Try These Useful Hints and Tips for Cultural AdjustmentMoving to a new country is an amazing experience. Your horizons expand, you can explore new cultures, and you can hone your professional skills in a new environment. As an expat, it’s important to feel comfortable as you settle into your new country. This means creating good social and business networks to get the support you need. Unfortunately, you’re never as prepared as you think you are. Even the most seasoned traveler is going to struggle in the first six months. Read on for some helpful tips to make networking easier as you build and strengthen your connections.
Expat Networking and Ways to Make Connections More Easily
Before You Move
Research the Local Culture and CustomsLearning about the customs and common behaviors in your adopted country can make your networking much easier. Cultural norms differ widely from place to place, and a little research can save you from making a social faux pas. Kwintissential has some great guides on international etiquette, separated by country.
Connect With Expat Social NetworksSocial networks such as Facebook and LinkedIn will have groups focused on expats in your area, but you can filter out the noise by joining an expat-specific social group that’s relevant to your age and interests. InterNations boasts networking groups in 390 cities across the globe, and hosts group activities alongside its own social network. (Note: Expat Friends offers a similar social network on a smaller scale.) Facebook groups are also tremendous assets for professional networking and building new social circles. Expat Focus has Facebook groups for many countries, and the International Expat Group has Facebook groups for popular cities. Jörgen Sundberg created a great guide for Undercover Recruiter about networking on Facebook. He explains that Facebook has been great for B2C business marketing, but is definitely shifting: “Facebook is slowly moving towards a more professional and more career oriented service. They have recently introduced changes to personal profiles, giving more space to work and education information.” If you are looking to connect with expats for professional reasons, try the Expat Network. You can post your CV and look for employment opportunities based on your skillset and language ability.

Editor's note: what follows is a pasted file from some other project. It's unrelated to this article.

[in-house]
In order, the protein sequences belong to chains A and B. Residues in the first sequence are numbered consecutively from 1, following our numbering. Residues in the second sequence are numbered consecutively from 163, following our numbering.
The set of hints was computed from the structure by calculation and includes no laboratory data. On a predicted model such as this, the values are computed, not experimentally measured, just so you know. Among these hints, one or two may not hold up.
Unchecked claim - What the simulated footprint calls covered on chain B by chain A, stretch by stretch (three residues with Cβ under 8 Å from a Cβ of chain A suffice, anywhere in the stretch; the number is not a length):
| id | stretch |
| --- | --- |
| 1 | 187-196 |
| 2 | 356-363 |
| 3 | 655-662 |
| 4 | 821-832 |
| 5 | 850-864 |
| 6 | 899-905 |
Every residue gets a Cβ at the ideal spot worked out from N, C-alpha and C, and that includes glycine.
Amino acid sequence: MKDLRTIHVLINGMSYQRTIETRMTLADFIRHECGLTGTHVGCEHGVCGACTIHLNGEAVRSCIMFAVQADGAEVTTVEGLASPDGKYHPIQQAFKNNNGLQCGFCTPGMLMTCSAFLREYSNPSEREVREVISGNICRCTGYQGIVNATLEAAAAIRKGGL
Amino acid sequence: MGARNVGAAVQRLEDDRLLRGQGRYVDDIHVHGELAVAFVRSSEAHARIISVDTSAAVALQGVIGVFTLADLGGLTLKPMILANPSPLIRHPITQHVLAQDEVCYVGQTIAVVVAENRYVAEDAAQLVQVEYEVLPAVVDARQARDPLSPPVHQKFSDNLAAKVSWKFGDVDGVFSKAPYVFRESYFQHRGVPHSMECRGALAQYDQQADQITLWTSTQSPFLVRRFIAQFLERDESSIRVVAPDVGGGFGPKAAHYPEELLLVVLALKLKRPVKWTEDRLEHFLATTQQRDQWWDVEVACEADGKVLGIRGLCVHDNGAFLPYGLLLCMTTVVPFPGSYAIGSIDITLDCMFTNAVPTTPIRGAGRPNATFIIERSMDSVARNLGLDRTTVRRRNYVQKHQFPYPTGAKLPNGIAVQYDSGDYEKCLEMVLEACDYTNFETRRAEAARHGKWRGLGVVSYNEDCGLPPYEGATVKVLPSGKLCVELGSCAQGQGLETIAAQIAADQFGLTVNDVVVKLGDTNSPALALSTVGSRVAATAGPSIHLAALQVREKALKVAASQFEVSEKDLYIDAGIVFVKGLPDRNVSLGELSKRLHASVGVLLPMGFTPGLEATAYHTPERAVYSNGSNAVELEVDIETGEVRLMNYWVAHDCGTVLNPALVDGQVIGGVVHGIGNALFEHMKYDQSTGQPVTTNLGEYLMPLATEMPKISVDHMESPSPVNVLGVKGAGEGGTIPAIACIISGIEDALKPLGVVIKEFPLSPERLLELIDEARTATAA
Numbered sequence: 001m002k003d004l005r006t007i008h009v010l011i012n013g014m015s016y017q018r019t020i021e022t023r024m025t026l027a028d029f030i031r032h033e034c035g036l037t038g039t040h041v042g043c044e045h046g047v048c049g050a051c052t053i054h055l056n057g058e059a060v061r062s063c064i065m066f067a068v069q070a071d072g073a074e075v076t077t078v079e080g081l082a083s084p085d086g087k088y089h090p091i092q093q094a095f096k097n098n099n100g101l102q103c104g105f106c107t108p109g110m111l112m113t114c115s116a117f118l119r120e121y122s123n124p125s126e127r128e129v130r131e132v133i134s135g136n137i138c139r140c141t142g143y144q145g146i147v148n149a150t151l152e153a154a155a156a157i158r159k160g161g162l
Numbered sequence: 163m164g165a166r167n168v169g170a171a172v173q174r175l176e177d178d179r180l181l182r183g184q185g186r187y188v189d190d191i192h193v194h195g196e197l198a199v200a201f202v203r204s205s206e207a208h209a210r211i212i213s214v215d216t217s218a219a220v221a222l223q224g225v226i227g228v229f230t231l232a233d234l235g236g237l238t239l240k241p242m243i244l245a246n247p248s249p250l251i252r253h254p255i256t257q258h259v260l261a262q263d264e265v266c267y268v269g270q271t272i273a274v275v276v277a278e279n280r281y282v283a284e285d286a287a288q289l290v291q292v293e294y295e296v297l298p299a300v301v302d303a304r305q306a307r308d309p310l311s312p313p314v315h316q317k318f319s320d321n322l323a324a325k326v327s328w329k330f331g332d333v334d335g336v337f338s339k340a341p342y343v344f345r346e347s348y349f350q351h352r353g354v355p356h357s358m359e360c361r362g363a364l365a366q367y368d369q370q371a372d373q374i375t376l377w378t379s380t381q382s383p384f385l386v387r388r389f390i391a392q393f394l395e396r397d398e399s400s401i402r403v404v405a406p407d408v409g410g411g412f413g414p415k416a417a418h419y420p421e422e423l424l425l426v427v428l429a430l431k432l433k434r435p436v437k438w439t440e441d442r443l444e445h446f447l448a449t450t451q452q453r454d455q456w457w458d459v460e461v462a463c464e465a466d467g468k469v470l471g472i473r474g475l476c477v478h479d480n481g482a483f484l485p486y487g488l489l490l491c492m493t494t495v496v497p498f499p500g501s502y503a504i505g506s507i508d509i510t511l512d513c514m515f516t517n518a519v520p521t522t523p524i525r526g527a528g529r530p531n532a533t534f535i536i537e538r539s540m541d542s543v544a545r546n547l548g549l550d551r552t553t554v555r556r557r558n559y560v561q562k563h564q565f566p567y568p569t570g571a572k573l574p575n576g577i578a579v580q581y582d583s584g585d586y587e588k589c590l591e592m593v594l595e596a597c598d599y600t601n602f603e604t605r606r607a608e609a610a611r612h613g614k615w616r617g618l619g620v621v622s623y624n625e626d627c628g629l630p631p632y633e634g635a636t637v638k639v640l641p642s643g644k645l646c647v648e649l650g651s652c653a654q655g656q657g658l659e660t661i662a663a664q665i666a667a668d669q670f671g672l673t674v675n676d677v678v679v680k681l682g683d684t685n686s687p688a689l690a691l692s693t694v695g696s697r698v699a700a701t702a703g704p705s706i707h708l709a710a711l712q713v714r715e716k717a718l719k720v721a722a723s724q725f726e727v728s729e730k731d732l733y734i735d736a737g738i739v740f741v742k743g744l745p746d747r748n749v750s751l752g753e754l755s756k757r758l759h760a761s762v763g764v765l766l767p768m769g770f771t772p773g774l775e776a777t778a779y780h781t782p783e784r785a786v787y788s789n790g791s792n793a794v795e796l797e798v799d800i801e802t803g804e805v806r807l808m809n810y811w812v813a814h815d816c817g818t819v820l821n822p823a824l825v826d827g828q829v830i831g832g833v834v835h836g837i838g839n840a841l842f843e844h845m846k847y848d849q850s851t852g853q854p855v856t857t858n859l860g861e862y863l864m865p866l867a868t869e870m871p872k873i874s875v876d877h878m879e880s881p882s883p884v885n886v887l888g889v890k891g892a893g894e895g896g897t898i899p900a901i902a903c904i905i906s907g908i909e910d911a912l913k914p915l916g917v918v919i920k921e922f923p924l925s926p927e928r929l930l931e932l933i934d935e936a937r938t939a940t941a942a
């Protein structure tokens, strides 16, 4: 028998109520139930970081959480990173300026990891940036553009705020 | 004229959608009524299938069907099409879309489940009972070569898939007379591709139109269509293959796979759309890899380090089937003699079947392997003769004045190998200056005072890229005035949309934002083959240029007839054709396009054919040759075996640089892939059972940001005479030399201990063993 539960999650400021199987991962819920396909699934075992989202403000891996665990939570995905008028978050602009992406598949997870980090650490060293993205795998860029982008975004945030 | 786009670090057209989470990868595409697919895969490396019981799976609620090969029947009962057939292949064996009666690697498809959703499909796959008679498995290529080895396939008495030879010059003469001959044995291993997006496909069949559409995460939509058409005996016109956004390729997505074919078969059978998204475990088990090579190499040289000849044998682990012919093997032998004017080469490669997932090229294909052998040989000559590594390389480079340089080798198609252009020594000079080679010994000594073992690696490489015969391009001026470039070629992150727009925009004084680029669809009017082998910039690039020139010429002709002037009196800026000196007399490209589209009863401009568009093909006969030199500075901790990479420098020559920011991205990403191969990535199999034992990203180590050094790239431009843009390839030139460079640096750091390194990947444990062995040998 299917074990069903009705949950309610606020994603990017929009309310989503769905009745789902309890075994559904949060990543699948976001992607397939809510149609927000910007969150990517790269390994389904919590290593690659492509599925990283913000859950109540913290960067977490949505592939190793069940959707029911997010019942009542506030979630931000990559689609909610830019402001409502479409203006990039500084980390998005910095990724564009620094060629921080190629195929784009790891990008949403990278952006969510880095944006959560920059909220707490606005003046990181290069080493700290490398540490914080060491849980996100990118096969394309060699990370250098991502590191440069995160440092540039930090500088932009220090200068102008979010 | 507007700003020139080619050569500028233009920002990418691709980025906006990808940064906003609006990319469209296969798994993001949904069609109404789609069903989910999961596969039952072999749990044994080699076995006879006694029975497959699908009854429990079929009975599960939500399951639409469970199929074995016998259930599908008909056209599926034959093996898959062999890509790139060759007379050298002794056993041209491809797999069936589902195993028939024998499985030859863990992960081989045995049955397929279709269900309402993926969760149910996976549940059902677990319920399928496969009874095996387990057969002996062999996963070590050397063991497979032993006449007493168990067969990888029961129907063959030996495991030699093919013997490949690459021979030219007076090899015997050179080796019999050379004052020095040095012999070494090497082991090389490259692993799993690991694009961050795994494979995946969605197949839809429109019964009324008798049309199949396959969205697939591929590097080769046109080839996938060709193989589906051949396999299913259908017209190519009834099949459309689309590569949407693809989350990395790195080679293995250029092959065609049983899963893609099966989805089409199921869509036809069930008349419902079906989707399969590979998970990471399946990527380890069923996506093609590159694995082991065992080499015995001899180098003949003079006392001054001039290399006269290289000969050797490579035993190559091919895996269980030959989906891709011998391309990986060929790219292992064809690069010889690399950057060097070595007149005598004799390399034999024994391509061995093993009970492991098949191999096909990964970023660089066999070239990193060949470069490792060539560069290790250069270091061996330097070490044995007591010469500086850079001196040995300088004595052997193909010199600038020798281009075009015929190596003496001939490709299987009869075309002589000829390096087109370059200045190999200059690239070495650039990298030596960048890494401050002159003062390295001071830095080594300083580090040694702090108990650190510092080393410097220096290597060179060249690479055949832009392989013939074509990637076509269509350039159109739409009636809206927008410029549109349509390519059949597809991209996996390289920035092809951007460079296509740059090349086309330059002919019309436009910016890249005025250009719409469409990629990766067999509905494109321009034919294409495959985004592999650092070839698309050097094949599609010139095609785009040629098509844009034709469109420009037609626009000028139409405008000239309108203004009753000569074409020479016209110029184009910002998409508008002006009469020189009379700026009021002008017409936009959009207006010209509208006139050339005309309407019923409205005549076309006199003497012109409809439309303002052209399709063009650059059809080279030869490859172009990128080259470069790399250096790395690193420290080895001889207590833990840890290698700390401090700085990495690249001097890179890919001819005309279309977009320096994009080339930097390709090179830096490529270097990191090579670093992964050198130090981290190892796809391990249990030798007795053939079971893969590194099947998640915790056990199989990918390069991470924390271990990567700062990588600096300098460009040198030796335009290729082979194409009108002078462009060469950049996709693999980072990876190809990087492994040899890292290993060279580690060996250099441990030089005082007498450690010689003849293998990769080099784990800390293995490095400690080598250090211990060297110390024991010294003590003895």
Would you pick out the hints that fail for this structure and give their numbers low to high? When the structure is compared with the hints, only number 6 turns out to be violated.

Consult An Expat Coach or Local Business OrganisationIf you’re looking for a more detailed approach to getting to know a country and feel like guide books and blogs can’t help with the deeper cultural expectations, an expat coach can help. The Expat Coach Directory is a great place to find the right specialist. Some coaches, such as Dr. Mark Glazebrook, even specialise in personal branding and executive coaching. These coaches will help you move beyond basic mannerisms and into deeper management strategies. Igor Utsumi, a staff writer at the Brazil Business, explains that Brazil is following the lead of many countries and investing heavily in recruiting and training expats. “Almost 287,000 foreigners had been living in Brazil for more than five years. This represented a growth of nearly 87% in comparison with the previous census.” To make the transition seamless and reduce the cost to businesses, i’s in the country’s best economic interest to make your life easier and keep you around, so take advantage of these resources!
Learn the LanguageGoing to language classes has several benefits:
- Learning the language will make it much easier to communicate.
- Locals will appreciate you making the effort.
- You can meet other soon-to-be expats there.
- It’s a good place to start networking and building your new social group.